New job for ICAC woman in quit furor

Top News | Phoenix Un 20 Mar 2017

The woman at the center of investigations into Chief Executive Leung Chun-ying's UGL case is said to have found a new job with a consultancy firm.

Rebecca Li Bo-lan, the former acting head of the operations department at the Independent Commission Against Corruption who resigned eight months ago, is understood to have applied for work as an adviser in Berkeley Research Group, which offers international investigative and strategic opinions.

An application by Li, whose position in the ICAC was equivalent to administrative officer staff grade B (D3), is reported to have been approved by the commissioner.

An ICAC spokesman said the commission does not comment on individual cases, but stressed any person who had worked at directorate level should not take outside job offers within six months of leaving, and should apply to the commissioner, who would consult the advisory committee on corruption before approving the application.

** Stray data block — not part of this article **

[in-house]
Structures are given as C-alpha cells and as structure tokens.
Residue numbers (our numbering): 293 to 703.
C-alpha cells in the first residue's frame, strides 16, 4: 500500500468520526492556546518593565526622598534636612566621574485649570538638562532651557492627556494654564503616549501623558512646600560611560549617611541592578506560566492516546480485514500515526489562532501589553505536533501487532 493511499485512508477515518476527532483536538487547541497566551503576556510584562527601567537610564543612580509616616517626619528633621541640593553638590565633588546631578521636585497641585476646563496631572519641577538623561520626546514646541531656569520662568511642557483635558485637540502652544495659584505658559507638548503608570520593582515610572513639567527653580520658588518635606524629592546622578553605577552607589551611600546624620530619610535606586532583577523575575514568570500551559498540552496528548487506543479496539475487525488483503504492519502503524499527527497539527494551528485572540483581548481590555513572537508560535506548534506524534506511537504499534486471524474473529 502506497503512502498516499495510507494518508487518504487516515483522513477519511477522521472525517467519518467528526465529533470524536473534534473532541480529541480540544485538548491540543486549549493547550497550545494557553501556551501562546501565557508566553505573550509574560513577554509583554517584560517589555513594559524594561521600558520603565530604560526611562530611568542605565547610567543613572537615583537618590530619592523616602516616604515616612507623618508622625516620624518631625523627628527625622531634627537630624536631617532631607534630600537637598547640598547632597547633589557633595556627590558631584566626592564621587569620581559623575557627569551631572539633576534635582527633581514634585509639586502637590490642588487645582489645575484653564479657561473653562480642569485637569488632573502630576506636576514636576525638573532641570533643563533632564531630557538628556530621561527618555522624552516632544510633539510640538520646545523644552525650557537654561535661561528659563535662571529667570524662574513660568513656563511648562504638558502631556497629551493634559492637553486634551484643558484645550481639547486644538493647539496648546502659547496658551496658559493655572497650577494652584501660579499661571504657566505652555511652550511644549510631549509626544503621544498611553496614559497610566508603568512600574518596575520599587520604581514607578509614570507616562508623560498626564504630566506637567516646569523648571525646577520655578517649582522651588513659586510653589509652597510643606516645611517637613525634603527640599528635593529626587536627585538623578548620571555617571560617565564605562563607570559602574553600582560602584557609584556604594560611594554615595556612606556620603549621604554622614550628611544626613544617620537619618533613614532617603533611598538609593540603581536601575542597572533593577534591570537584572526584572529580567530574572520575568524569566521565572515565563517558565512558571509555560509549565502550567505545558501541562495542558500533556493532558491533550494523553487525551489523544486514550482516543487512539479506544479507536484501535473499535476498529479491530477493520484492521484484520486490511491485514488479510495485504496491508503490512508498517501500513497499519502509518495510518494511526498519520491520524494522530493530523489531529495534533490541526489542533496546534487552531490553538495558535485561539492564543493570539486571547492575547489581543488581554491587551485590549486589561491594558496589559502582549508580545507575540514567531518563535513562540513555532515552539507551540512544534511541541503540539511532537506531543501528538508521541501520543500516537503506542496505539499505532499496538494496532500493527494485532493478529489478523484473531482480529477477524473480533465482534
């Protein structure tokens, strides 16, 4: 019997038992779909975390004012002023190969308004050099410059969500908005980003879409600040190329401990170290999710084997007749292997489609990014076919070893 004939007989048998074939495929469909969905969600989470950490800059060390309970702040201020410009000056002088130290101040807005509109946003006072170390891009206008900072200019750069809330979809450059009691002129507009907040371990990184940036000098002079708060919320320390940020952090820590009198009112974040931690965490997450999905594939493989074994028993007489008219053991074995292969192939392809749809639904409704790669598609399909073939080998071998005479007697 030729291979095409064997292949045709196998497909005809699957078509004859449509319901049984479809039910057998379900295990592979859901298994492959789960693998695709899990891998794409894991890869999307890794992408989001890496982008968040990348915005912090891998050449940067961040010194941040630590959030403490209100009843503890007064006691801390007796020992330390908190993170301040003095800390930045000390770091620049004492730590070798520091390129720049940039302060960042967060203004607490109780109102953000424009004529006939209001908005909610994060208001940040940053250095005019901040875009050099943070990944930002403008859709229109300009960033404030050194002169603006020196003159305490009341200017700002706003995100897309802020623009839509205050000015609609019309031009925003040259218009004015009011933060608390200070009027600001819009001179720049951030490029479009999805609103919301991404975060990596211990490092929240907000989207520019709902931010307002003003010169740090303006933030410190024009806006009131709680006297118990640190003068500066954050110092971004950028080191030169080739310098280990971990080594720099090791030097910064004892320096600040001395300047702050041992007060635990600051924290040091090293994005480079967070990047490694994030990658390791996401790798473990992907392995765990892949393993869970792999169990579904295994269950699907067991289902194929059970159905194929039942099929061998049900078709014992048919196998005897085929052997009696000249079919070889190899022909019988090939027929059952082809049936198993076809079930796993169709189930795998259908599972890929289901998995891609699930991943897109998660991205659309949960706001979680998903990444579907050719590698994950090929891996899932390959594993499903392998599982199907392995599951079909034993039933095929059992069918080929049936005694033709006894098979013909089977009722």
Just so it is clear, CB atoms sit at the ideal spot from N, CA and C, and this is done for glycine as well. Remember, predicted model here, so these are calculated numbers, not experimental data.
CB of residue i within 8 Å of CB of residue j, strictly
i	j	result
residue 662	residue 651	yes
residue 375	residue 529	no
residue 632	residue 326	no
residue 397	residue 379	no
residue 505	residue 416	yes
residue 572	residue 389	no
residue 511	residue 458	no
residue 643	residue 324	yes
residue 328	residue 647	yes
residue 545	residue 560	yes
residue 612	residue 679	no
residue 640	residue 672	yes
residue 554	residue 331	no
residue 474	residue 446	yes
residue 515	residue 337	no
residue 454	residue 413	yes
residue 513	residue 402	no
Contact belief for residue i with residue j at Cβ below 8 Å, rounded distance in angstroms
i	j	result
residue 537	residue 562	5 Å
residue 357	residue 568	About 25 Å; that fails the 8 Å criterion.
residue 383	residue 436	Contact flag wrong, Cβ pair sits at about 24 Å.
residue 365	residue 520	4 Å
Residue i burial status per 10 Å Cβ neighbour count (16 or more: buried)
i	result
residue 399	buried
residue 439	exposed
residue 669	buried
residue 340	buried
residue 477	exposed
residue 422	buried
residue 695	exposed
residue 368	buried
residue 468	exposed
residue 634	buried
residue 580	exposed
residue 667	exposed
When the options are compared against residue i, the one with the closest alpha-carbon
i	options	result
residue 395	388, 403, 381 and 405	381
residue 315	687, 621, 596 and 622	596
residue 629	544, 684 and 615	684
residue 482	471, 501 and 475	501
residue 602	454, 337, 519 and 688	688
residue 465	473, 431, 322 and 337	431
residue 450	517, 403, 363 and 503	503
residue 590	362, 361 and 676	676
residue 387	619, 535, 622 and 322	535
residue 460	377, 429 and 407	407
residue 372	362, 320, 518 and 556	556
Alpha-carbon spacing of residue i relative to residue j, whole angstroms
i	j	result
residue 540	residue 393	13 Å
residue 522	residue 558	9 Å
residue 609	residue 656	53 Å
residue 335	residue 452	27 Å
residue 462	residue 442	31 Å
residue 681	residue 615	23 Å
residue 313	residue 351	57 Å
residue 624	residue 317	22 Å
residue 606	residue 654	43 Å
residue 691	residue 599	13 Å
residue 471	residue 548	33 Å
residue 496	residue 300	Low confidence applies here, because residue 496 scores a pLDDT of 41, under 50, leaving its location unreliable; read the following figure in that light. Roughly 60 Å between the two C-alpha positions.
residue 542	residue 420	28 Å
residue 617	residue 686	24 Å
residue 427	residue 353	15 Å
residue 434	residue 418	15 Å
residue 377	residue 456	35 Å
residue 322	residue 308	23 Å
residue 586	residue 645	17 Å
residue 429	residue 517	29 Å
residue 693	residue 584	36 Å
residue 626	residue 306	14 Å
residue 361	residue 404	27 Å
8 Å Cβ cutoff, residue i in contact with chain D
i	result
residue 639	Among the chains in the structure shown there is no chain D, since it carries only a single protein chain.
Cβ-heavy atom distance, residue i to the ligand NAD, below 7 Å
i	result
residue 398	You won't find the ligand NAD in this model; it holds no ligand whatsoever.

The website of Berkeley Research describes itself as a strategic advisory firm providing independent advice, data analysis and investigations to institutes, including corporations and government agencies.

Li was appointed acting head of operations in July 2015, but after about a year she was demoted back to her previous position as director of investigation. She subsequently resigned.

Li's demotion and resignation had raised widespread speculation, as she was said to have been investigating the UGL case, in which the incumbent chief executive received HK$50 million from the Australian firm.

ICAC Commissioner Simon Peh Yun-lu said Li's demotion was due to her poor performance. But some believed Leung - to whom Peh was accountable - played a part in the change.

The Legislative Council, which set up a select committee to investigate the UGL incident, is expected to issue a report in a year.

Lawmaker Lam Cheuk-ting said the ICAC will judge whether Li's new job would create any conflict of interest or violate the official secrets ordinance.

"It won't affect the Legco investigation," Lam said.

A personnel storm persisted in the commission after Li's departure as several high-ranking officers, including principal investigator Dale Ko, also resigned. The annual dinner of the commission last year was said to have been postponed after more than 75 percent of staff boycotted it.

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